A pit bull saved his owner as flames ripped through the Berkeley East Bay Humane Society Shelter early Thursday morning, but a dozen cats died in the flames.
Johanna White, who lived in an apartment above the shelter, said the dog, Baby, jumped on her as she slept and woke her during the fire.
White told television station KTVU-TV Channel 2 that Baby saved her life.
"I'm so grateful my dog woke me up," White told KTVU. "I'm just so, so lucky. I have a good dog. I was not a dog fan either. He's my husband and daughter's dog. I may have to re-evaluate my stance. He's definitely a keeper."
The blaze broke out after midnight in the society's shelter in the 2700 block of Ninth Street.
Berkeley Fire Department spokeswoman Sabina Imrie said the fire is under investigation but officials suspect it was caused by a dryer in the first-floor laundry room. She estimated damage to the building at $500,000.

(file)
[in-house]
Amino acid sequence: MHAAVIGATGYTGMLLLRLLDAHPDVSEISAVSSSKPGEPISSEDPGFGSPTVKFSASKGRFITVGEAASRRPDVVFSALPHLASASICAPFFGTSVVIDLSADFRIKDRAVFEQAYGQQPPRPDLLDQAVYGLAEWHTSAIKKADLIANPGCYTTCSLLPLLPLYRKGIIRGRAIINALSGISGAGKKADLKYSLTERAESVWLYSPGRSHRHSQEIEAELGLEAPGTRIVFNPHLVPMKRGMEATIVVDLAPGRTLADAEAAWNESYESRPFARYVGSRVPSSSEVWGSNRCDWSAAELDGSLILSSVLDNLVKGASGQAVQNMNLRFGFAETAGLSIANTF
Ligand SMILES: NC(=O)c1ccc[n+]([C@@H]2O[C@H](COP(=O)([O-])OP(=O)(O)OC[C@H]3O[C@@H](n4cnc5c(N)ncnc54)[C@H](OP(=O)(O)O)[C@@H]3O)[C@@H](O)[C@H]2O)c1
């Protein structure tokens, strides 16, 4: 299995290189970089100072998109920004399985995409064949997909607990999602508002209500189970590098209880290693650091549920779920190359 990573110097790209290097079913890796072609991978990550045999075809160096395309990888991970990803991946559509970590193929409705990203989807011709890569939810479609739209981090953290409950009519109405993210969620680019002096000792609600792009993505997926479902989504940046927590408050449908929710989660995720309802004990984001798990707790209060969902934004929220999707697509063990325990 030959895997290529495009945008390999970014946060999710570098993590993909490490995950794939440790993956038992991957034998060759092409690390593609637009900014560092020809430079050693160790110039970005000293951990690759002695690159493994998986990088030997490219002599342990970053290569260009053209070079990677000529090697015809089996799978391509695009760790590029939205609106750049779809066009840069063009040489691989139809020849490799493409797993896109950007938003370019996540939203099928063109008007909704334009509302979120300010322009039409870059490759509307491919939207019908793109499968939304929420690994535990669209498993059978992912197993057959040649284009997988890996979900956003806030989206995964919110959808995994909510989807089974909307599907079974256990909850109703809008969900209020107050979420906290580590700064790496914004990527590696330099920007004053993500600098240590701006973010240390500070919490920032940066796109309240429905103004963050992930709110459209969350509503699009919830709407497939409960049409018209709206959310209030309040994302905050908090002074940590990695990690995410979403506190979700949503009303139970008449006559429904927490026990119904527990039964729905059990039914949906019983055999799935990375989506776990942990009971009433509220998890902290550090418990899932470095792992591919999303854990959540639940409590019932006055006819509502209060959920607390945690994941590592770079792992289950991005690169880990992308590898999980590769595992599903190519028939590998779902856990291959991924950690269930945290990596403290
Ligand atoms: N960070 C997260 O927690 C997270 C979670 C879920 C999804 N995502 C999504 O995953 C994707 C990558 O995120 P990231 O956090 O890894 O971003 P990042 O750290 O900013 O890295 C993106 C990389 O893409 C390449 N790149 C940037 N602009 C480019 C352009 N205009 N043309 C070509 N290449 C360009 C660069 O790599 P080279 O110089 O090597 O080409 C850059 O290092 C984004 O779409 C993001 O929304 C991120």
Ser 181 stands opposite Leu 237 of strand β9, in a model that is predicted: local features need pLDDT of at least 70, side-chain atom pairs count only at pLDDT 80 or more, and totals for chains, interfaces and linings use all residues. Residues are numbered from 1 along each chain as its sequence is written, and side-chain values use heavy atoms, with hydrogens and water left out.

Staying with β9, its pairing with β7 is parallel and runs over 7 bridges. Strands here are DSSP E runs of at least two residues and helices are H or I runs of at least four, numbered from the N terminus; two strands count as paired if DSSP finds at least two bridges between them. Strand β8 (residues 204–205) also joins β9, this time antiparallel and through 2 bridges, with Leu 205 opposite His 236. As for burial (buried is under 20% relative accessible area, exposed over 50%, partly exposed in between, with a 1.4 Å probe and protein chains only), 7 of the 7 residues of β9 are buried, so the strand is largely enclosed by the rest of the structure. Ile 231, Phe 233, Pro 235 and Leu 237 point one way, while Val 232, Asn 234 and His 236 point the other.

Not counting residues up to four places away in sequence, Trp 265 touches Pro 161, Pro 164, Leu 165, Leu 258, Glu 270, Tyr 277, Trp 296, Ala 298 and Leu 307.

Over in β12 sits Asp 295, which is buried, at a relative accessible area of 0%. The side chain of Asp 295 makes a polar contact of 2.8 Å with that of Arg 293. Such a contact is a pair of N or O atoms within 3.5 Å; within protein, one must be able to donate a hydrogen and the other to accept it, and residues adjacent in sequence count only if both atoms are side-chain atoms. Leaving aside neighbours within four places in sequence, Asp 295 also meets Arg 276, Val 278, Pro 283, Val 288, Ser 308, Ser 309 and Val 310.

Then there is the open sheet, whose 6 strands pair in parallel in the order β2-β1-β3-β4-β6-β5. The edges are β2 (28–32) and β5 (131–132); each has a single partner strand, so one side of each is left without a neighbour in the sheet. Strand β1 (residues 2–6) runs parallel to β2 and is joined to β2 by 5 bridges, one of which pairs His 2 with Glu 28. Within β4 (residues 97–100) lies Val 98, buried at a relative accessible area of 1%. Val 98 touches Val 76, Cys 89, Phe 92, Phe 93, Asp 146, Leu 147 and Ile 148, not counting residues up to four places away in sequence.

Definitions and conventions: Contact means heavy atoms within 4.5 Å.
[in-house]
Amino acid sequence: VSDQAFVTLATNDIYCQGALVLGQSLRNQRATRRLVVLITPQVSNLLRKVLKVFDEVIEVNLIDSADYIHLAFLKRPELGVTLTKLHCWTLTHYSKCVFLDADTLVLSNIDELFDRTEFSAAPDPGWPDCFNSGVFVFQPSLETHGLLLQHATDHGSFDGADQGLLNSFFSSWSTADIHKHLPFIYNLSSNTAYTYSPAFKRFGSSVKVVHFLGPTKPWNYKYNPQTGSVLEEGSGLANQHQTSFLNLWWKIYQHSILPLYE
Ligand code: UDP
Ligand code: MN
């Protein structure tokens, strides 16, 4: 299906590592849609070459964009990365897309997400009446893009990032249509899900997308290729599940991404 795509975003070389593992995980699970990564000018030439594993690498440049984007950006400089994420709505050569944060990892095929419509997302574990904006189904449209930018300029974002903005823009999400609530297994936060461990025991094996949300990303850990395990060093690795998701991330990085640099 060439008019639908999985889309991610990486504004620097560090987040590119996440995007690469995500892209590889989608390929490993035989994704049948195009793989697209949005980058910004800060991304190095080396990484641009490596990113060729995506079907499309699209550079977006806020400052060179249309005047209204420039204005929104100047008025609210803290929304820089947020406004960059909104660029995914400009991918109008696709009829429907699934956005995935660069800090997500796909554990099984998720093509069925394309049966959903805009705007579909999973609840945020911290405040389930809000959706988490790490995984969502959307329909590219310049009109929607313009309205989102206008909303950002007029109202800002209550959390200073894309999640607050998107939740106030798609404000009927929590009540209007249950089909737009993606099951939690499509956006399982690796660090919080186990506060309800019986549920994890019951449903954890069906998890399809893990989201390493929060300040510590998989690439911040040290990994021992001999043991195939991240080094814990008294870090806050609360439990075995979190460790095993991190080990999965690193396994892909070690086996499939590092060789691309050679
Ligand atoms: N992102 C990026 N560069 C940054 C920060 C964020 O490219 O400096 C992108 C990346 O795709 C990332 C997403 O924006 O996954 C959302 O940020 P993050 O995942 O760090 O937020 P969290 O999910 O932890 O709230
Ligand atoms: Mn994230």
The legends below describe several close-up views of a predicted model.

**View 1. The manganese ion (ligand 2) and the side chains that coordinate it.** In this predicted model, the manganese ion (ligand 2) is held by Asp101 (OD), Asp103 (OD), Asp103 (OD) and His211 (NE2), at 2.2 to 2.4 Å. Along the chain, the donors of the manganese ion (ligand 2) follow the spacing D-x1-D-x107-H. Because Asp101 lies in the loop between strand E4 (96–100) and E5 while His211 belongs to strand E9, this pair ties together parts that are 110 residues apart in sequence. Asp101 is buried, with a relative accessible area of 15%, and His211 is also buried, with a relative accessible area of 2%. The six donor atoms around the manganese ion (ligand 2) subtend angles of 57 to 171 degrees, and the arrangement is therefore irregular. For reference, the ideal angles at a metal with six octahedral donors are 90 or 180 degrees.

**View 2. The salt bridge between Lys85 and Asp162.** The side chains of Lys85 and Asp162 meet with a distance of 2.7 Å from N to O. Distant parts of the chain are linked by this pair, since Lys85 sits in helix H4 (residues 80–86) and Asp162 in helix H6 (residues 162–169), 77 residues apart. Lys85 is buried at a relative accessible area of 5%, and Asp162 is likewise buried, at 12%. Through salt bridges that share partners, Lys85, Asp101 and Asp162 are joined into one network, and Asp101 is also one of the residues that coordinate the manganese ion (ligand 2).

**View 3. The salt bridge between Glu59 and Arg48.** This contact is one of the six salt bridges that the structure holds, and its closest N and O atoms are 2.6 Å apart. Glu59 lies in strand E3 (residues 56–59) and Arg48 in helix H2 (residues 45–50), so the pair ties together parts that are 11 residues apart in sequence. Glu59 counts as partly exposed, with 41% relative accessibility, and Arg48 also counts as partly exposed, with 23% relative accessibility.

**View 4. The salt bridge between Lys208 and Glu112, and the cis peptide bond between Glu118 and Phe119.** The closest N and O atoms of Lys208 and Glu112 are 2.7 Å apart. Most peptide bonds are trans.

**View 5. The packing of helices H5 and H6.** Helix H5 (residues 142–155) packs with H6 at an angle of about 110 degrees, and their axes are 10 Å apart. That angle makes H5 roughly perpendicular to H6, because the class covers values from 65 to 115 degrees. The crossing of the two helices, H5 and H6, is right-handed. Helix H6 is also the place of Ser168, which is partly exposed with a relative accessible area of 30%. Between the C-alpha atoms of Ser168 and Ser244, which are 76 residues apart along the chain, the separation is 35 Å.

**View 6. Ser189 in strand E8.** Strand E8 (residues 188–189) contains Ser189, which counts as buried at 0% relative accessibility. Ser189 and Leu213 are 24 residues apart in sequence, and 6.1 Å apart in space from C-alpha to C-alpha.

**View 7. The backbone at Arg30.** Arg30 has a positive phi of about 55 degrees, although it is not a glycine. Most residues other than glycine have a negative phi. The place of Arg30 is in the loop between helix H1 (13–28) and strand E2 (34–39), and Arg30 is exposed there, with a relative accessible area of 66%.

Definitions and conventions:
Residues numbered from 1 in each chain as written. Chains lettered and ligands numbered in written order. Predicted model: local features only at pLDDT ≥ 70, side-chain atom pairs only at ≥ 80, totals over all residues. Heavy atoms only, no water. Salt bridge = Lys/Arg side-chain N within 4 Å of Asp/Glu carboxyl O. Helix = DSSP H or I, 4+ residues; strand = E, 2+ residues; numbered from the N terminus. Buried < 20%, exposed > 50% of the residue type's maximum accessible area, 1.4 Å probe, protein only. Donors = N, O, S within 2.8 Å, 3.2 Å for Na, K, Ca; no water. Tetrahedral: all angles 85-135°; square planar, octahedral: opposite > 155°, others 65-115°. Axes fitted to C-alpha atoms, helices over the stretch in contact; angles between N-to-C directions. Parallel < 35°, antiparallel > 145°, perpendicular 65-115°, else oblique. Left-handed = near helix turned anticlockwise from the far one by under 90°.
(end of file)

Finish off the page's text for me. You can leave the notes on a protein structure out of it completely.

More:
Imrie said employees and volunteers arrived shortly after firefighters at the two-story shelter and worked side by side with firefighters to rescue about 25 cats and dogs.
They were too late, however, for the cats.
"It's absolutely devastating," said Katherine O'Donnell, communications director for the society.
Tears streamed down O'Donnell's face as she gave a tour of the burned-out building where the cats were housed.
"The door between the cat and dog rooms was closed, so that kept some of the smoke from overwhelming the dogs." About 15 dogs are housed in outdoor kennels next to the main building and none were harmed, she said. They were taken to the Berkeley animal services building.
The 15 cats that survived were brought to an animal hospital, O'Donnell said.
"Right now we need to find foster homes for the dogs and cats," O'Donnell added.
"We save about 800 animals a year and this fire will put a significant damper on what we do."
Lost in the fire were cat quarters, a cat adoption area, restrooms, a laundry room, an office, a two-bedroom apartment and a board room.
The building now has no electricity, phone or water service.
A fire official on the scene said the humane society had its annual safety inspection about two months ago and the facility was in compliance.
The society is asking for donations to help the surviving animals and to start to rebuild, O'Donnell said. Details can be found at www.berkeleyhumane.org.